Of the nearly 100 genetic articles published on Kabuki, many mention that children have feeding problems but none are soley dedicated to this specific issue. As far as KSN knows, there are no studies done yet on feeding issues.

However, through this network we have learned of many children with feeding difficulties. Our own daughter, now 11 years old, had feeding problems in that she found suckling, swallowing and breathing difficult to coordinate. She gains weight very slowly. But it was not until we began to correspond with others that we found out the extent to which other children have problems. Quite a number are fed via g-tube for the first few years of their life for varying reasons, usually because of low weight gain or reflux problems. However, most are introduced to foods around 2-4 years old and eventually the tube and button is removed. Many receive 'oral therapy' during the years they have the tube to remind the mouth to swallow, etc. Most, however, do not need feeding tubes, despite the fact they do not gain weight at the usual rate.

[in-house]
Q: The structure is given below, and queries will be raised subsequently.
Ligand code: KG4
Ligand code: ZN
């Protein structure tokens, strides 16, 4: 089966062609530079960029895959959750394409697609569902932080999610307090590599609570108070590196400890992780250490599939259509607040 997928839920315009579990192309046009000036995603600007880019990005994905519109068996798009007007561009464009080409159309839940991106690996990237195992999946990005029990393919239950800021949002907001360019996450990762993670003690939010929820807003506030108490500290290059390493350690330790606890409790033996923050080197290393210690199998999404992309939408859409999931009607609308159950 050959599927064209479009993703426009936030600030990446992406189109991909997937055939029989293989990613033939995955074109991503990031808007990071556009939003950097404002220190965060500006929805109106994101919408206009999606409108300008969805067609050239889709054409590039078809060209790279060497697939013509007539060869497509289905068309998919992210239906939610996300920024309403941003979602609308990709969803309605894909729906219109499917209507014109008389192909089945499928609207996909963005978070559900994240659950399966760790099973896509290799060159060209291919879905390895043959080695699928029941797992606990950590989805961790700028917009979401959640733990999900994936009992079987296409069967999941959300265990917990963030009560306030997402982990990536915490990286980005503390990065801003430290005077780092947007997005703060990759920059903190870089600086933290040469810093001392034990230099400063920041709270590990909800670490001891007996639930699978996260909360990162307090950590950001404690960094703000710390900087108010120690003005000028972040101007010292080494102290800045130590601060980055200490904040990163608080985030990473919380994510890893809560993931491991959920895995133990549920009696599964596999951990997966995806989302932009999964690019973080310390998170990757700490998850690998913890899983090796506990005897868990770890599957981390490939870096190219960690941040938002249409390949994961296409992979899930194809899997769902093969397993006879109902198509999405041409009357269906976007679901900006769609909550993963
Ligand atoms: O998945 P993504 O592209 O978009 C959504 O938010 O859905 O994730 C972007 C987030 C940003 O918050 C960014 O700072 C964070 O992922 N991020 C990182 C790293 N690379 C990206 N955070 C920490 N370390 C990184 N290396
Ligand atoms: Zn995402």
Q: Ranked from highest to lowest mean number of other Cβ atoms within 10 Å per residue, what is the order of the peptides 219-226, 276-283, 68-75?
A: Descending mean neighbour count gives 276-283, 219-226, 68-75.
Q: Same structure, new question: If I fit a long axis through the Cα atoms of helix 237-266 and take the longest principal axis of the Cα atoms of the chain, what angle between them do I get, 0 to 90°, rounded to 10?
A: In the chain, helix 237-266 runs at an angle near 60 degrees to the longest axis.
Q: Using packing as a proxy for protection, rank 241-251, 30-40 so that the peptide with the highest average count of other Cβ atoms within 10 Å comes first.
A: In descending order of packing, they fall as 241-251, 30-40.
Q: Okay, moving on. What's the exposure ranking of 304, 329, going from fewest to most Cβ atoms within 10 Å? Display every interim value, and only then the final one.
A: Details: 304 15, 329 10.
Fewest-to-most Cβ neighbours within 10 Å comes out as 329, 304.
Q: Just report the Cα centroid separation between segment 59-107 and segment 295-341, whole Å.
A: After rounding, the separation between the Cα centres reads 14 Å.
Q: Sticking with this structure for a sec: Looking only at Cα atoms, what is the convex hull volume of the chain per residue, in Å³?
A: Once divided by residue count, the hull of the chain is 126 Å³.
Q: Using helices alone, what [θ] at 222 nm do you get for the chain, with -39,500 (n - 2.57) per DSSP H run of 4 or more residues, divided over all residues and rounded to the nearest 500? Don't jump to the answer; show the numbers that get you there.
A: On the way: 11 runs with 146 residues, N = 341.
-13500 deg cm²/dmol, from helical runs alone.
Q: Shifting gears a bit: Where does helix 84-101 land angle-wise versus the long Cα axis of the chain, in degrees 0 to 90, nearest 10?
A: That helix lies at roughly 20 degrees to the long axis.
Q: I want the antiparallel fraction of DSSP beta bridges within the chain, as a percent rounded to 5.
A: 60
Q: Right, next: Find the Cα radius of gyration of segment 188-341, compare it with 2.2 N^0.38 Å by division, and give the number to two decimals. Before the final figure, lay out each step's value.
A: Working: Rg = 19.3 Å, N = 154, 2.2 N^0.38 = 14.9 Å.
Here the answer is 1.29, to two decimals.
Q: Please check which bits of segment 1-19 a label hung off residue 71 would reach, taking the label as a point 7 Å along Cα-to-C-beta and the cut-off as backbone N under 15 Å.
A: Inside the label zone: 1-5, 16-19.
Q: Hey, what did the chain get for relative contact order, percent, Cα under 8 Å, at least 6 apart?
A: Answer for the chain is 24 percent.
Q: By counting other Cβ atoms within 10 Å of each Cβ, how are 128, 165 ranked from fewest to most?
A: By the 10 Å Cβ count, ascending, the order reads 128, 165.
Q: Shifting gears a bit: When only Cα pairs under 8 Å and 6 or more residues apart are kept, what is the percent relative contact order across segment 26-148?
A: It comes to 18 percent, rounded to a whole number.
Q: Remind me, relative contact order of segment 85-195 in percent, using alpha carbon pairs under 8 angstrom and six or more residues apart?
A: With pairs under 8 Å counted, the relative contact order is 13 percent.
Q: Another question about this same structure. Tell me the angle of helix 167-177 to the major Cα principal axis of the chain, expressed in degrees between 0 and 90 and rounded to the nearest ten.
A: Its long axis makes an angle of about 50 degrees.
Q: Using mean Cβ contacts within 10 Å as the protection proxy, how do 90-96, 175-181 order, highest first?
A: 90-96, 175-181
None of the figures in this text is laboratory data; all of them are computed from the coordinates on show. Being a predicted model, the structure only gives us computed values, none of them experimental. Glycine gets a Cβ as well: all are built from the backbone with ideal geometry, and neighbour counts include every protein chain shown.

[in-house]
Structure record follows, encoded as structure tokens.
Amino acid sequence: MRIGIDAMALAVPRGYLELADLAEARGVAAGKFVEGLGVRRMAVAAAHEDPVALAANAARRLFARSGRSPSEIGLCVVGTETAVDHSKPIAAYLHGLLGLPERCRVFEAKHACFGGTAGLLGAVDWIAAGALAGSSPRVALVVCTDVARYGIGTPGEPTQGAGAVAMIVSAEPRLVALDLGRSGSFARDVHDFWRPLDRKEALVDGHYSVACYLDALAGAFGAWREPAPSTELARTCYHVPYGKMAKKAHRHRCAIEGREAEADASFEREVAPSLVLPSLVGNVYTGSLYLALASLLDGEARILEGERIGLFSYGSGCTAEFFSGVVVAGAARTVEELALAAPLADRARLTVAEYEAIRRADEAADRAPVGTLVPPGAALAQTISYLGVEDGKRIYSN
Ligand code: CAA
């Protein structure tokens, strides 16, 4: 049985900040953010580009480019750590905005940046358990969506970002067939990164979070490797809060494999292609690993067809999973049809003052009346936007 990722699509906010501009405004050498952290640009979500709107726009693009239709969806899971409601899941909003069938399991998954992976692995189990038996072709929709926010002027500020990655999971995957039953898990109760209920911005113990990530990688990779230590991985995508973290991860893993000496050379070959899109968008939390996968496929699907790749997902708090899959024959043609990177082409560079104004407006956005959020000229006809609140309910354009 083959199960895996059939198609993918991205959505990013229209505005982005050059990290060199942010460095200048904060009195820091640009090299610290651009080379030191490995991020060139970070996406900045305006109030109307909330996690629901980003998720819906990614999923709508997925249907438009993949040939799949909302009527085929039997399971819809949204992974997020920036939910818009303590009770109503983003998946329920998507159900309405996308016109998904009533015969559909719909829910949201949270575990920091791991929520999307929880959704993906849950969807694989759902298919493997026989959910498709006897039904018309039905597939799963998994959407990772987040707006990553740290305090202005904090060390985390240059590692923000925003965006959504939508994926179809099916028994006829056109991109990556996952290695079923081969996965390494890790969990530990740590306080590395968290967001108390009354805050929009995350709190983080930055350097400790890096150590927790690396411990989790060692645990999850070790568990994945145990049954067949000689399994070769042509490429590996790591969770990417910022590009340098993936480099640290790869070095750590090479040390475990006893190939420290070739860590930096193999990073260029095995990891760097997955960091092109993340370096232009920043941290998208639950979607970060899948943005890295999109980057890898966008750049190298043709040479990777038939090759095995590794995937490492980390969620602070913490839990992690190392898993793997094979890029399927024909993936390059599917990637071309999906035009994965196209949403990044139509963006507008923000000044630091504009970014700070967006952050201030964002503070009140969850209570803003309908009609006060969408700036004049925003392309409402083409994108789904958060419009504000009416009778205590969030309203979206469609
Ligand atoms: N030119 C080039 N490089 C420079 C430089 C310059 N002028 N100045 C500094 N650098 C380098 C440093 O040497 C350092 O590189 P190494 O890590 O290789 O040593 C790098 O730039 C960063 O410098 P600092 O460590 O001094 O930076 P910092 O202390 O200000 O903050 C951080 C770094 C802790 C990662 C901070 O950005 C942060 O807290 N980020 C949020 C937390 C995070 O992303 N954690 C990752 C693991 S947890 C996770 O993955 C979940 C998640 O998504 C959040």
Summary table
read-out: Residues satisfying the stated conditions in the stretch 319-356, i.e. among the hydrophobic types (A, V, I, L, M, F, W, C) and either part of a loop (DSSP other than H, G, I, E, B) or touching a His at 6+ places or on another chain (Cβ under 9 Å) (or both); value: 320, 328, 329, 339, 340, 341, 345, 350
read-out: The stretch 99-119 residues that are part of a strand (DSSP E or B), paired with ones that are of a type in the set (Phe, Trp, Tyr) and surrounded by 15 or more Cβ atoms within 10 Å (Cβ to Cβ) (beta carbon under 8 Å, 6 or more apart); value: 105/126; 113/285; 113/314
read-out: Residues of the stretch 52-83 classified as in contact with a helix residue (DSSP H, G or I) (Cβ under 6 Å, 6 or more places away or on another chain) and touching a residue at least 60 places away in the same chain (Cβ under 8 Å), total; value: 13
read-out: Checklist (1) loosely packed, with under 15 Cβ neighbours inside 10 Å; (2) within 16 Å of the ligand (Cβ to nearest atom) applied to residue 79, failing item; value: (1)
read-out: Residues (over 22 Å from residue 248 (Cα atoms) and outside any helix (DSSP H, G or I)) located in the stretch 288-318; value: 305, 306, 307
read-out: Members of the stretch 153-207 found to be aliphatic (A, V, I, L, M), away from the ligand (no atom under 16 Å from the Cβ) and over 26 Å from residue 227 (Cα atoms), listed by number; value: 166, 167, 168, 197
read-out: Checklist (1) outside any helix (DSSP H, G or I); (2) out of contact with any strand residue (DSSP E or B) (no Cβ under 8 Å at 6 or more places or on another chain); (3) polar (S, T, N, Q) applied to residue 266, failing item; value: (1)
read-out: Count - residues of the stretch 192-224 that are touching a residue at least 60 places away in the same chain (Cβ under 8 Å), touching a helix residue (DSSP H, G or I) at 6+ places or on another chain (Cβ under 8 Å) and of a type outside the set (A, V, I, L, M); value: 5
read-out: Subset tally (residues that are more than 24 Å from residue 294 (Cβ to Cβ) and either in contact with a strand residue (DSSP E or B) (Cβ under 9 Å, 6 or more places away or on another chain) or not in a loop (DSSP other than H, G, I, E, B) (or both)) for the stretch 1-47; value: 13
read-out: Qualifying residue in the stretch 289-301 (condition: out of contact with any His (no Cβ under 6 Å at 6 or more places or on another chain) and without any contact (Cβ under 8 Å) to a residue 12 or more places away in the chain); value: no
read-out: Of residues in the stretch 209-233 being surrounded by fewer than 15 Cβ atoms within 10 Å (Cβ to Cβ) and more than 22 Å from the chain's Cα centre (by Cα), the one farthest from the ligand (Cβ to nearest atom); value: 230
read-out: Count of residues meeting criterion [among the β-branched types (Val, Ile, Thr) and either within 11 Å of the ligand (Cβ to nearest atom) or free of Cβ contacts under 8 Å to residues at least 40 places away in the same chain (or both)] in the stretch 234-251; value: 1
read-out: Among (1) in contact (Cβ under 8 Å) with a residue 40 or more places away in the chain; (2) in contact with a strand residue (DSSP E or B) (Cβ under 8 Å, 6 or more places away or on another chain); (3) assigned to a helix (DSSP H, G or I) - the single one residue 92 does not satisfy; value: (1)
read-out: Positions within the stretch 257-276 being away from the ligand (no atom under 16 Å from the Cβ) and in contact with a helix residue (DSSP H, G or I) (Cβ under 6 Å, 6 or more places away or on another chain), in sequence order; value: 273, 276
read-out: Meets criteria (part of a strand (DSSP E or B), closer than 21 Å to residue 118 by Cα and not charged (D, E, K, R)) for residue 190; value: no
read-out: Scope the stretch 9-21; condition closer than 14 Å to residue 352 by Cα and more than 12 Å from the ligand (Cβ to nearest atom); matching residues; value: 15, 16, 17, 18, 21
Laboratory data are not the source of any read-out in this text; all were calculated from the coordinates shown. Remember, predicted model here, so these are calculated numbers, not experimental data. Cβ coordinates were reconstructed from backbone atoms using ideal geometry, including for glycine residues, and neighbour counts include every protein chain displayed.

Many children with Kabuki have sensory issues, including tactile defensiveness to certain textures of foods. Many, even those not previously fed by g-tube, are extremely picky eaters - selecting only a very few foods at a time. But almost all greatly improve their eating habits by the time they are around 10 years old. Most children will gradually try new foods and textures.

It's not known why so many children have problems with gagging and choking. Is it a sensory issue - they don't like the texture of the food? Is it a low muscle tone issue - the muscles needed to chew and swallow don't work as efficiently? Is it a gastric issue - the stomach doesn't keep the food down? It's not really known yet. But it is becoming evident by the many letters from parents that most children outgrow these issues.